“The characteristic of great innovators and great companies is they see a space that others do not,” Google CEO Eric Schmidt tells Yale. “They don’t just listen to what people tell them; they actually invent something new, something that you didn’t know you needed, but the moment you see it, you say, ‘I must have it.'”
This continuous invention, Schmidt says, is a constant–and part of the reason that the roster of leading companies is so inconstant. If you took a look at Microsoft 15 years ago, he says, you would have thought they would stay the leader until today, while Apple, Amazon, Facebook, and of course Google have emerged to their prime post.
That’s the stuff of New Digital Age, Smith’s new futurist text, co-authored with Jared Cohen, which the New York Times gave the off-handed compliment that it’s more “prescient and provocative than it is silly.” But what certainly is prescient–and not at all silly–are the insights Schmidt has about the roles of human and computer.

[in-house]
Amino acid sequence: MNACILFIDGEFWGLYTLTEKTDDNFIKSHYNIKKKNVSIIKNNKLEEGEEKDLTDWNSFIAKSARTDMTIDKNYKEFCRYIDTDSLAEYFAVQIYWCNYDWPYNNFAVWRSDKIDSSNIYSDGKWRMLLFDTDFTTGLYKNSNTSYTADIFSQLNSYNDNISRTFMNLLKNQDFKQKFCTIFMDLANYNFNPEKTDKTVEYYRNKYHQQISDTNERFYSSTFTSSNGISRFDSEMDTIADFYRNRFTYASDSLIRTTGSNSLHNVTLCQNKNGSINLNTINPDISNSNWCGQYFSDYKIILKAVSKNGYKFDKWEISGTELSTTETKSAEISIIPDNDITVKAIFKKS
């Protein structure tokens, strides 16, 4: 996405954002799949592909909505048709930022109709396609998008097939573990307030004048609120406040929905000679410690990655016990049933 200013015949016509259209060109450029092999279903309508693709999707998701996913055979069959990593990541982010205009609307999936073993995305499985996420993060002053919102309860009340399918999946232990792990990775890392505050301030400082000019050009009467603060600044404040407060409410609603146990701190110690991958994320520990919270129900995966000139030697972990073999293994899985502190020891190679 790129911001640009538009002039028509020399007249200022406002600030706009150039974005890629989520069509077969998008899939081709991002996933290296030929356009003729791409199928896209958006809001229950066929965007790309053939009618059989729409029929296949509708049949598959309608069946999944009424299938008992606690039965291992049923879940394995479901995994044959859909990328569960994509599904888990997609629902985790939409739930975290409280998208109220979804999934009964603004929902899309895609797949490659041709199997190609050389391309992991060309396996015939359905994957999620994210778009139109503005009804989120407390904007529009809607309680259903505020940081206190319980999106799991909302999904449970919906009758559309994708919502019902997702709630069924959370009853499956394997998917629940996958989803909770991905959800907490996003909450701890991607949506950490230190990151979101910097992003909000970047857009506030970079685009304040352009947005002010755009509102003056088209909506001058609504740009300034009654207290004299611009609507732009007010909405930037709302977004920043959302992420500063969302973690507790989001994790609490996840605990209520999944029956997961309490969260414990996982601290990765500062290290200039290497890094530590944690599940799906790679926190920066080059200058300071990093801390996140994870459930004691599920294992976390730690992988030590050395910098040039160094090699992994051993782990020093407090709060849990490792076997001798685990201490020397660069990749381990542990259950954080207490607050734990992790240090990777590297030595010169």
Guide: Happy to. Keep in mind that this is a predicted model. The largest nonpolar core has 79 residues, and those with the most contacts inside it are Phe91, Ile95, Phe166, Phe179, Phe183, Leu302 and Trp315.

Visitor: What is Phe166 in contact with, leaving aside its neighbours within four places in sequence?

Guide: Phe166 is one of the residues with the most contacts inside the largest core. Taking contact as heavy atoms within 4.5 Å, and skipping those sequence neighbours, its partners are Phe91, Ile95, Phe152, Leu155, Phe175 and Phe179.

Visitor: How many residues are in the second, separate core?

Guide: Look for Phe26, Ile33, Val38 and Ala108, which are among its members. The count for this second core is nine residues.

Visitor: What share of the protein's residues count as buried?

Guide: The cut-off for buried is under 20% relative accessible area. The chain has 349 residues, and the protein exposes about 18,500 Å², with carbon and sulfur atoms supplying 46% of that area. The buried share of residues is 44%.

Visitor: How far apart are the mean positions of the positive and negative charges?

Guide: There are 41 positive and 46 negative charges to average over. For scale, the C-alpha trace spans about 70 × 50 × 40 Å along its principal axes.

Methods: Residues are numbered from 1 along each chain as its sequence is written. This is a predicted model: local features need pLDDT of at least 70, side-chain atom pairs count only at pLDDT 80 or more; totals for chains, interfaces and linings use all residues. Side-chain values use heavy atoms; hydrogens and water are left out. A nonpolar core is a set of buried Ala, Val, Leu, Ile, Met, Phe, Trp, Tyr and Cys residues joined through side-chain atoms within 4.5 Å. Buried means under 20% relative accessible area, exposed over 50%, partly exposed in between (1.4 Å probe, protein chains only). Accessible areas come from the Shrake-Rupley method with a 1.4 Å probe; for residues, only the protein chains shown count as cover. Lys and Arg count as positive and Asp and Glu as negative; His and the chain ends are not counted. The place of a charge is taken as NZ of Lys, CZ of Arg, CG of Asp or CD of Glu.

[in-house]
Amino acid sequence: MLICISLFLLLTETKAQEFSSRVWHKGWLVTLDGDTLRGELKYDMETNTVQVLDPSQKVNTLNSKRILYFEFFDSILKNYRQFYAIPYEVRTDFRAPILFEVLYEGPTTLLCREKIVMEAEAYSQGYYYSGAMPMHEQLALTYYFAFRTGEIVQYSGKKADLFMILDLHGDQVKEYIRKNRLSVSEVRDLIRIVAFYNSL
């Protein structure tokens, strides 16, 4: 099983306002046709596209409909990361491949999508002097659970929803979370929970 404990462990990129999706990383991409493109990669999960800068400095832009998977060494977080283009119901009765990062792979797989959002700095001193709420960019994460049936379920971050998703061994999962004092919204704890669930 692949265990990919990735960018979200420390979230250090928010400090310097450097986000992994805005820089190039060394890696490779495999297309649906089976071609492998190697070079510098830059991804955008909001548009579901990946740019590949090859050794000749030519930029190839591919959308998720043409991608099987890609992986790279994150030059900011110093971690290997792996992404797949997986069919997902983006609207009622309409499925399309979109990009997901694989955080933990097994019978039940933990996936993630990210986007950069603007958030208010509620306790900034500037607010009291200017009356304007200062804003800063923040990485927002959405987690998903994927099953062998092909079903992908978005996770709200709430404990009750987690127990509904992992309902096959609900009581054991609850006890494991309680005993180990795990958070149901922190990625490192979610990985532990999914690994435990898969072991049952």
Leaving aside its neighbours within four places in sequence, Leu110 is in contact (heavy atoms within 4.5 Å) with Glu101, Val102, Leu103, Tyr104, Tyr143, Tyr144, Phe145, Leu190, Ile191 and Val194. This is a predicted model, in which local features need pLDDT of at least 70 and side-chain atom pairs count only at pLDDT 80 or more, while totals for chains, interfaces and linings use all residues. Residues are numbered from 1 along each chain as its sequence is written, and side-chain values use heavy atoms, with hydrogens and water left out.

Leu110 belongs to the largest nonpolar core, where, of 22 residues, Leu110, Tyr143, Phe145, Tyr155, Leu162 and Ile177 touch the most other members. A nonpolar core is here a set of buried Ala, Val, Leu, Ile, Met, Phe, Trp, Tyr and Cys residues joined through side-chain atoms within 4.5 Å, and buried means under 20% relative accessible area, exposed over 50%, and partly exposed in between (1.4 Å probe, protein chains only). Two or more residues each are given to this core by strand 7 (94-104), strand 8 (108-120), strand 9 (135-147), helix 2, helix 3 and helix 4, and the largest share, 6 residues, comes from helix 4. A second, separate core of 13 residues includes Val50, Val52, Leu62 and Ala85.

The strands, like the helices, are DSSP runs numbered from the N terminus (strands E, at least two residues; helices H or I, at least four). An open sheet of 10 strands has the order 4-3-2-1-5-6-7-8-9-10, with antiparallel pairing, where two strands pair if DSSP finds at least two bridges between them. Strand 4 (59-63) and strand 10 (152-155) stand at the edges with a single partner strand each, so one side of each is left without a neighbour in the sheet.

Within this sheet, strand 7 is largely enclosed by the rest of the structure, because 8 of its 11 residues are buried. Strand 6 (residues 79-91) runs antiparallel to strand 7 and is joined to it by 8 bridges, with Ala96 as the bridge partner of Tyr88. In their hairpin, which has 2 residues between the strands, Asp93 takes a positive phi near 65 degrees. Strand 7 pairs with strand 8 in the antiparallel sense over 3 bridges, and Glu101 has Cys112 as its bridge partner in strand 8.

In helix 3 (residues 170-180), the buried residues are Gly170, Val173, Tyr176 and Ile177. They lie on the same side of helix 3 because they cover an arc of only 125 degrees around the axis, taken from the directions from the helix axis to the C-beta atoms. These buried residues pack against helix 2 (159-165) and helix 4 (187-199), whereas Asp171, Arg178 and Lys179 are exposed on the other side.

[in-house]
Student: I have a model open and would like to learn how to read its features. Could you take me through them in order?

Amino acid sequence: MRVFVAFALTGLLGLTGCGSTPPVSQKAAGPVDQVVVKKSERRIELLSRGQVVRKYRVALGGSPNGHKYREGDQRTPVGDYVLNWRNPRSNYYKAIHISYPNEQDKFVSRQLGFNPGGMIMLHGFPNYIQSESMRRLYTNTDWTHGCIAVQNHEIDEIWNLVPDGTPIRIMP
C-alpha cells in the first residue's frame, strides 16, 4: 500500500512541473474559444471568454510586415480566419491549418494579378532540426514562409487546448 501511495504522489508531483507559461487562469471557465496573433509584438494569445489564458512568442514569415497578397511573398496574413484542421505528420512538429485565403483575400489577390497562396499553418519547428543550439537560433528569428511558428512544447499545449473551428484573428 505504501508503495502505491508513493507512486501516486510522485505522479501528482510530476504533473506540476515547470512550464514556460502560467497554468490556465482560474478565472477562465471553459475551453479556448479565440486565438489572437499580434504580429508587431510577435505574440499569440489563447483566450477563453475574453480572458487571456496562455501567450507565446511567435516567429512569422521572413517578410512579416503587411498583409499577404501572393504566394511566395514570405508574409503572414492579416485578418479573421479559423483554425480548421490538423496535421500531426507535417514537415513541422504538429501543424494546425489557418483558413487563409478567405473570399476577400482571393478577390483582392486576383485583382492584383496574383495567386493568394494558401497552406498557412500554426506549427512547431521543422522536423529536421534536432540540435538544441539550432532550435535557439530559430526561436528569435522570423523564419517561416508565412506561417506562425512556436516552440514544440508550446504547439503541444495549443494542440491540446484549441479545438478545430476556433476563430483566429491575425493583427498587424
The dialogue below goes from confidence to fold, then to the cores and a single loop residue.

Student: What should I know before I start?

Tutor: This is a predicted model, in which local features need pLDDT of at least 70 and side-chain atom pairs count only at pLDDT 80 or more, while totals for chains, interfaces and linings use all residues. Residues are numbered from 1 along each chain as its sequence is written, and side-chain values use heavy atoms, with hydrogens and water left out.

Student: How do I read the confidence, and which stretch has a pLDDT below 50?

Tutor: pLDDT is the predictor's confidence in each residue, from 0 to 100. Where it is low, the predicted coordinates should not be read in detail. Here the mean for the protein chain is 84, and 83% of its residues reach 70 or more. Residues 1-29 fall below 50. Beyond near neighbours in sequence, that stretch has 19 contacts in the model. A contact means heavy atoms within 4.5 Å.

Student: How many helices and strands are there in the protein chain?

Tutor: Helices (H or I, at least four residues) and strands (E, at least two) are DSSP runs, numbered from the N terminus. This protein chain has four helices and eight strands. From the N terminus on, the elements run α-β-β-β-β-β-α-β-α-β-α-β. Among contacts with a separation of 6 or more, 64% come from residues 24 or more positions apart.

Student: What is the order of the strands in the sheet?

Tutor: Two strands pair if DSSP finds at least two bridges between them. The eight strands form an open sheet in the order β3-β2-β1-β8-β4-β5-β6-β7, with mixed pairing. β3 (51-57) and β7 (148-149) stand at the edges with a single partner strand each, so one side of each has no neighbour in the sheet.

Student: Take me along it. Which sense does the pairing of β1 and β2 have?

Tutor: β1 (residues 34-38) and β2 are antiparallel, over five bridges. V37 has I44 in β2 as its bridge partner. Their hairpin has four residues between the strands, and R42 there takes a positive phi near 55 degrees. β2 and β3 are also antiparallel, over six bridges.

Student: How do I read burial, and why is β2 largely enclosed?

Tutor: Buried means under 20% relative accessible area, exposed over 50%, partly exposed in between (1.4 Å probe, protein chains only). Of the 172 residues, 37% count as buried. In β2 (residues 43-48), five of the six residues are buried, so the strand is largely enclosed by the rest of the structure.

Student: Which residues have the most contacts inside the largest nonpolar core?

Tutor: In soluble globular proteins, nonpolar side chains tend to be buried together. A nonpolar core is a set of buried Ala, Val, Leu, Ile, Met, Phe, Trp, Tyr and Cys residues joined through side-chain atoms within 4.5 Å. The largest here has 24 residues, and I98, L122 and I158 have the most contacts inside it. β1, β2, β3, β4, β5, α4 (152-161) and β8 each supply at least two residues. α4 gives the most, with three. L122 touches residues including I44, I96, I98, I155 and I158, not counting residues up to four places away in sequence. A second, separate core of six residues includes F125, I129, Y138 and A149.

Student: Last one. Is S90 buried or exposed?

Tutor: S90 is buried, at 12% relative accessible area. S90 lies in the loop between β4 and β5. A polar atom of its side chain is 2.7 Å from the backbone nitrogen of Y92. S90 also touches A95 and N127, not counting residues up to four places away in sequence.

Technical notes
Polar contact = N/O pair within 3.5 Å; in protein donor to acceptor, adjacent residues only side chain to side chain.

“I’ve come to a view that humans will continue to do what we do well, and that computers will continue to do what they do very well, and the two will coexist, but in different spaces,” Schmidt says, sounding at least a little bit like a Blade Runner character.
What are computers good at? They have perfect memories, Schmidt tells Yale, and with that remembering everything, they can readily handle needle-in-a-haystack problems. Like in these hundred photos or facts, what’s different? Computers don’t break a sweat finding those needles–and mastering that search is path of high-end data science. On the other hand, humans have a terrible time with spotting differences amid haystacks, as any reader of Highlights would know.
But humans are still good at some things, Schmidt admits, like judgement, emotion, and creativity. Those unquantifiables are still hard to simulate, even for Siri. “That may change over the next decades,” Schmidt says, “but for the moment, the separation of powers means that computers will sit around and help you.”